Wolff/Samelson: Whatever happened to The Baseball Encyclopedia?

From Rick Wolff and SABR member Ken Samelson at Baseball America on August 15, 2019:

For those of a certain age, The Baseball Encyclopedia was THE book that every baseball fan had to have. As thick as a Manhattan telephone book (remember phone books?), The Baseball Encyclopedia should be celebrating its 50th anniversary this year.

Except that The Baseball Encyclopedia is no more. It’s gone.

Most baseball fans who grew up with the 3,000 page book, which was updated generally every three years, can tell you stories of how they would look up a particular ballplayer’s statistics, and then would become enchanted and mesmerized by the unusual names and nicknames of the individuals listed on the pages. The stat lines and bio lines were straightforward and simple — this was long before the invention of abstract analytics such as WHIP or WAR — and the lines were easy to read.  Readers were left to their own imaginations as to how a ballplayer got his nickname. You’d wonder why a 19th century ballplayer would be named “The Freshest Man on Earth” (Arlie Latham) or “Death to Flying Things” (Bob Ferguson).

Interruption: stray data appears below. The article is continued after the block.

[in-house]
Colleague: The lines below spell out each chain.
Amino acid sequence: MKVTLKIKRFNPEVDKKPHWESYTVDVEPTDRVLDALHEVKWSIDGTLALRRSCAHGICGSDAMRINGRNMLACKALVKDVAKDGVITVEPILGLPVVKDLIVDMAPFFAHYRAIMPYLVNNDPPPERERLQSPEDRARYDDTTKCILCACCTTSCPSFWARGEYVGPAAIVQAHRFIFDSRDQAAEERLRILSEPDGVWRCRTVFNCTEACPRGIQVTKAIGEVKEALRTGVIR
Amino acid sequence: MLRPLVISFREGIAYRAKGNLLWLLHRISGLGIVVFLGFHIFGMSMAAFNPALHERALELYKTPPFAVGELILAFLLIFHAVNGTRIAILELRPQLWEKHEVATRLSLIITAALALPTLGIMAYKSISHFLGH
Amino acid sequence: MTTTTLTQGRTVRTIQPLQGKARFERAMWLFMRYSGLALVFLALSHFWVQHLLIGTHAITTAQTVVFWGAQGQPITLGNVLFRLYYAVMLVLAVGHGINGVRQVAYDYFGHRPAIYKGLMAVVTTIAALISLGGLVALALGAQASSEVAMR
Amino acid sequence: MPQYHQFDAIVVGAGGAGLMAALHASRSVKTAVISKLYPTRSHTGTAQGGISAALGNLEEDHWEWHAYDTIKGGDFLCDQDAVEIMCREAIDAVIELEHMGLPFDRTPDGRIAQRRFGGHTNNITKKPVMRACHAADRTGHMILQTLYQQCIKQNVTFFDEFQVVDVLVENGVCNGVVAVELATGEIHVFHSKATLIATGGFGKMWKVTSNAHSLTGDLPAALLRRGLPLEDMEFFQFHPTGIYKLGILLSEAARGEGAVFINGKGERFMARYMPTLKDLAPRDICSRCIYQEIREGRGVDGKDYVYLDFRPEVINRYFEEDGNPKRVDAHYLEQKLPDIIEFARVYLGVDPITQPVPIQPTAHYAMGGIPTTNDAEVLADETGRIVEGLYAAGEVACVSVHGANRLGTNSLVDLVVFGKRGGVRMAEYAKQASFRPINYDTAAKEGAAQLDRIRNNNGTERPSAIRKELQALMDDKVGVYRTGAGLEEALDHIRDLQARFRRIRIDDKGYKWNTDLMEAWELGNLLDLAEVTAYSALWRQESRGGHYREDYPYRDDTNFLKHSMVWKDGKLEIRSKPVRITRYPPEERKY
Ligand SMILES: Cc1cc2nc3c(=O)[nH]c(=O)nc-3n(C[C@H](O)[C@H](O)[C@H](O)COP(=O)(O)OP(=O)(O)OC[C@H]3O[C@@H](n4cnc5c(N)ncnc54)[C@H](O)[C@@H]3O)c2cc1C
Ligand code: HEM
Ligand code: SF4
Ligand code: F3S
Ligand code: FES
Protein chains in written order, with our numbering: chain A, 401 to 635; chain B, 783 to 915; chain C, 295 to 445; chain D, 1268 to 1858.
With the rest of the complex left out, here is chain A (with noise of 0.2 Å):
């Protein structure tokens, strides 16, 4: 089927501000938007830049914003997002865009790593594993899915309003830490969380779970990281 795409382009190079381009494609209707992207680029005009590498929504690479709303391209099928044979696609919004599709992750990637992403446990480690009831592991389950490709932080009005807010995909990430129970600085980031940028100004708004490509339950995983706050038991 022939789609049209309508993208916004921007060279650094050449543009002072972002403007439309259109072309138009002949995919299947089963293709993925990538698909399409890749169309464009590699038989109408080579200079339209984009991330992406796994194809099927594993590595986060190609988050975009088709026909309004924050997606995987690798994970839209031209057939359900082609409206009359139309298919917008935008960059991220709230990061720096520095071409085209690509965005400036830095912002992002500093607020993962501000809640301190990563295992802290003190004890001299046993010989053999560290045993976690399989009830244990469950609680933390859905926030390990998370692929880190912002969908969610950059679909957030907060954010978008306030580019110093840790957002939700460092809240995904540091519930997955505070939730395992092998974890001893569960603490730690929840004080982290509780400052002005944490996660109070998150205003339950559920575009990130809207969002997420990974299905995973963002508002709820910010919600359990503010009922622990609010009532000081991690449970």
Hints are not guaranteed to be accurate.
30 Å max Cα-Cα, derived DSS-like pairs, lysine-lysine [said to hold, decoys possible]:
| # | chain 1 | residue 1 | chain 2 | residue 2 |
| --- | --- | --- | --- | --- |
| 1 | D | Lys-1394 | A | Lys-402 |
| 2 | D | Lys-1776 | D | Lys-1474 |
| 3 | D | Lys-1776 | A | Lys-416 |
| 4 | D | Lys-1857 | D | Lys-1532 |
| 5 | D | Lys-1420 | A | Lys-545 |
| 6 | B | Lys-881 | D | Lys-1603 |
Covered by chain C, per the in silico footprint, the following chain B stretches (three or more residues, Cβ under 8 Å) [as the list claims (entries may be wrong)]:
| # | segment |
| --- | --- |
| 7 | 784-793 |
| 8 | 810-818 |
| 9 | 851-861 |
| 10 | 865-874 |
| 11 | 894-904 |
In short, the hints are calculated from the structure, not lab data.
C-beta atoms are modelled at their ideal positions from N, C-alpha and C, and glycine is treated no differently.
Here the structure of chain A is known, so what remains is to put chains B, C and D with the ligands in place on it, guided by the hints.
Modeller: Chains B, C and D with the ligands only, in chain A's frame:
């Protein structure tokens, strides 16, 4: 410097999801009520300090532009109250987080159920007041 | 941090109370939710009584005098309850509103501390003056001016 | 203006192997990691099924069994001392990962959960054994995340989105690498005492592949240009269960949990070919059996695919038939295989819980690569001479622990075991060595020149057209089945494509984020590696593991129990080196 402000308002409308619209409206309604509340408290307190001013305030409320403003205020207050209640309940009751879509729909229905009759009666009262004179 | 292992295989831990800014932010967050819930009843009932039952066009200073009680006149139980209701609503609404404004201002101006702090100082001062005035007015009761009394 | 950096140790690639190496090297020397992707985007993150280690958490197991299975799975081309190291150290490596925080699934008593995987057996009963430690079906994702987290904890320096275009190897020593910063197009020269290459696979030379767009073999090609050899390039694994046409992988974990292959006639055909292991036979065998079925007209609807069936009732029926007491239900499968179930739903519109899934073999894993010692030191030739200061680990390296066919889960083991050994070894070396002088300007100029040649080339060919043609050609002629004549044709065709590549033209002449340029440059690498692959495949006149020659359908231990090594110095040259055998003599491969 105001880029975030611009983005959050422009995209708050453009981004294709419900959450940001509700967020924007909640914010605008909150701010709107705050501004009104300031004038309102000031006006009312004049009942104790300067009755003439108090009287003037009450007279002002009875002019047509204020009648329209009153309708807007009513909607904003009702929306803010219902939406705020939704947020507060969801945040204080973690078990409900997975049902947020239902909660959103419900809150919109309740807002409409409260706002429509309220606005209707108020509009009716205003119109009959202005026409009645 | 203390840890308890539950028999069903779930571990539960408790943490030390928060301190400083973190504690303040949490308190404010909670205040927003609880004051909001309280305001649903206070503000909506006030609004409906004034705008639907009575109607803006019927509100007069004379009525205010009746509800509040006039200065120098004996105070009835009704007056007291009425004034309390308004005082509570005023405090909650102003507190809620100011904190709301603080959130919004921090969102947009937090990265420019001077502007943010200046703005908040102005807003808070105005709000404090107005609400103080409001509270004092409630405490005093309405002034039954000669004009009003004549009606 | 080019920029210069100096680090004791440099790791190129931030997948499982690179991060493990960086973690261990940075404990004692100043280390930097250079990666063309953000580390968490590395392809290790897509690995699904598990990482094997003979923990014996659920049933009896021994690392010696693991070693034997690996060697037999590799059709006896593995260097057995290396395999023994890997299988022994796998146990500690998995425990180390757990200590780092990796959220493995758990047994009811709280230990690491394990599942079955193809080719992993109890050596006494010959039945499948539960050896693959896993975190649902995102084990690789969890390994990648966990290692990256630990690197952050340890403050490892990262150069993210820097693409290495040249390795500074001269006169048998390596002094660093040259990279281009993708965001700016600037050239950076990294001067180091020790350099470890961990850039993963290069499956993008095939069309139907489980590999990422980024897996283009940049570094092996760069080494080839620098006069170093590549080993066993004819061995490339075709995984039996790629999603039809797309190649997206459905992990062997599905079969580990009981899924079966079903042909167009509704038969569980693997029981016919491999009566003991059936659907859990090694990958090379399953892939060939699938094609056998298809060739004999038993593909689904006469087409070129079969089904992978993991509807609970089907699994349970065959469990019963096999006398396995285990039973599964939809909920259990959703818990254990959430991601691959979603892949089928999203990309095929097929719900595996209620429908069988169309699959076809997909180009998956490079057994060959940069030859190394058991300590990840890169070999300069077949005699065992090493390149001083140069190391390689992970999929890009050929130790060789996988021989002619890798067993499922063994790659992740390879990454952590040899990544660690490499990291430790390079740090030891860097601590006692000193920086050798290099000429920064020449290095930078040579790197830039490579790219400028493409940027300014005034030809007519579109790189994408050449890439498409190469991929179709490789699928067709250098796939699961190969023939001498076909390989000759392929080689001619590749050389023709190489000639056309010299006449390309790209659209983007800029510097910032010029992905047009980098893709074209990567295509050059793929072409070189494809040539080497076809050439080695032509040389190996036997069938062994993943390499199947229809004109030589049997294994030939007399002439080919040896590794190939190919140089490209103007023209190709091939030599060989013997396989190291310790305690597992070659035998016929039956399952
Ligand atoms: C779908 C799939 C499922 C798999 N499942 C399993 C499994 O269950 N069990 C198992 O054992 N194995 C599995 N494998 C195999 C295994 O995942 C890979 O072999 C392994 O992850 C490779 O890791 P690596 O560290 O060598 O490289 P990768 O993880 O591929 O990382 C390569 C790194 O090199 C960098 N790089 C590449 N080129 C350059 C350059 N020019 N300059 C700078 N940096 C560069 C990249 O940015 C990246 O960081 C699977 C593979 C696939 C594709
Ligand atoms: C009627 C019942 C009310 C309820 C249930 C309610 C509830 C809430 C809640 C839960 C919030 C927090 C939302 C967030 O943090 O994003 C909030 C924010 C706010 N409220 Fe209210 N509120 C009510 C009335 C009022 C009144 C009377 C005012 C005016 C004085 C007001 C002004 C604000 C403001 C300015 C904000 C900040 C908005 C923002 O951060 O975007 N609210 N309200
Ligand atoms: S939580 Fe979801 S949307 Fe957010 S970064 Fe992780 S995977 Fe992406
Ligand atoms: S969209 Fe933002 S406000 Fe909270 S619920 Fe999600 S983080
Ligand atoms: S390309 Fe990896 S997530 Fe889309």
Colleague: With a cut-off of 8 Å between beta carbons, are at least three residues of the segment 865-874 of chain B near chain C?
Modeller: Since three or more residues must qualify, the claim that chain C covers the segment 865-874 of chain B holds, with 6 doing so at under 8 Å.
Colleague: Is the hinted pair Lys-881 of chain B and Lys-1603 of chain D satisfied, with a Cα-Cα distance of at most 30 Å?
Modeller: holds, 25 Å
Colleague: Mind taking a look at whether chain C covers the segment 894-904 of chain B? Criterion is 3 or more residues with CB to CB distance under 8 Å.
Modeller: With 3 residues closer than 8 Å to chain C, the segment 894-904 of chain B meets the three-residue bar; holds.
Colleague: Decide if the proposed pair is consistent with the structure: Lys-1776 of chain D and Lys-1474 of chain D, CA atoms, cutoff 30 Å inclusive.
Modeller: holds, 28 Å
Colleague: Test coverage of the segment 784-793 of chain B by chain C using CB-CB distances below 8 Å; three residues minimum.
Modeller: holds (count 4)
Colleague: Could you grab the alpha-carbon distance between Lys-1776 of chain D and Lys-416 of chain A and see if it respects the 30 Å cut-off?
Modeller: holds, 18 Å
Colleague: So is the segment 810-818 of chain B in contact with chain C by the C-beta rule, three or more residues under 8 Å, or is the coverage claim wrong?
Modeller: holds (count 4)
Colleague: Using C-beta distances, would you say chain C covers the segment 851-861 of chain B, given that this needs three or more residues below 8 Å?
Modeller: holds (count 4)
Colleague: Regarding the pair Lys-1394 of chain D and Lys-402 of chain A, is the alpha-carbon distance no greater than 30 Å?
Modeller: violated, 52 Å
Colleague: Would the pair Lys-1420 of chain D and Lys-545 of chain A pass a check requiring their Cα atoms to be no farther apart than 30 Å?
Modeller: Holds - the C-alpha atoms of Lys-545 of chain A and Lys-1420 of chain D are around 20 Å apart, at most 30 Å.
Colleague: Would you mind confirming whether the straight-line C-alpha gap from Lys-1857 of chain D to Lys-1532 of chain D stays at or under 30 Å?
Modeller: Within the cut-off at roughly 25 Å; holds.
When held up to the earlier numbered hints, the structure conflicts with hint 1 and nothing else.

Ken Samelson and I had the distinct privilege and pleasure to have worked on three editions of The Baseball Encyclopedia together. We took on this editorial task with extreme respect and the utmost responsibility as we knew that all baseball fans everywhere viewed the book as the Bible of the National Pastime.

Read the full article here: https://www.baseballamerica.com/stories/whatever-happened-to-the-baseball-encyclopedia/

Originally published: August 15, 2019. Last Updated: August 15, 2019.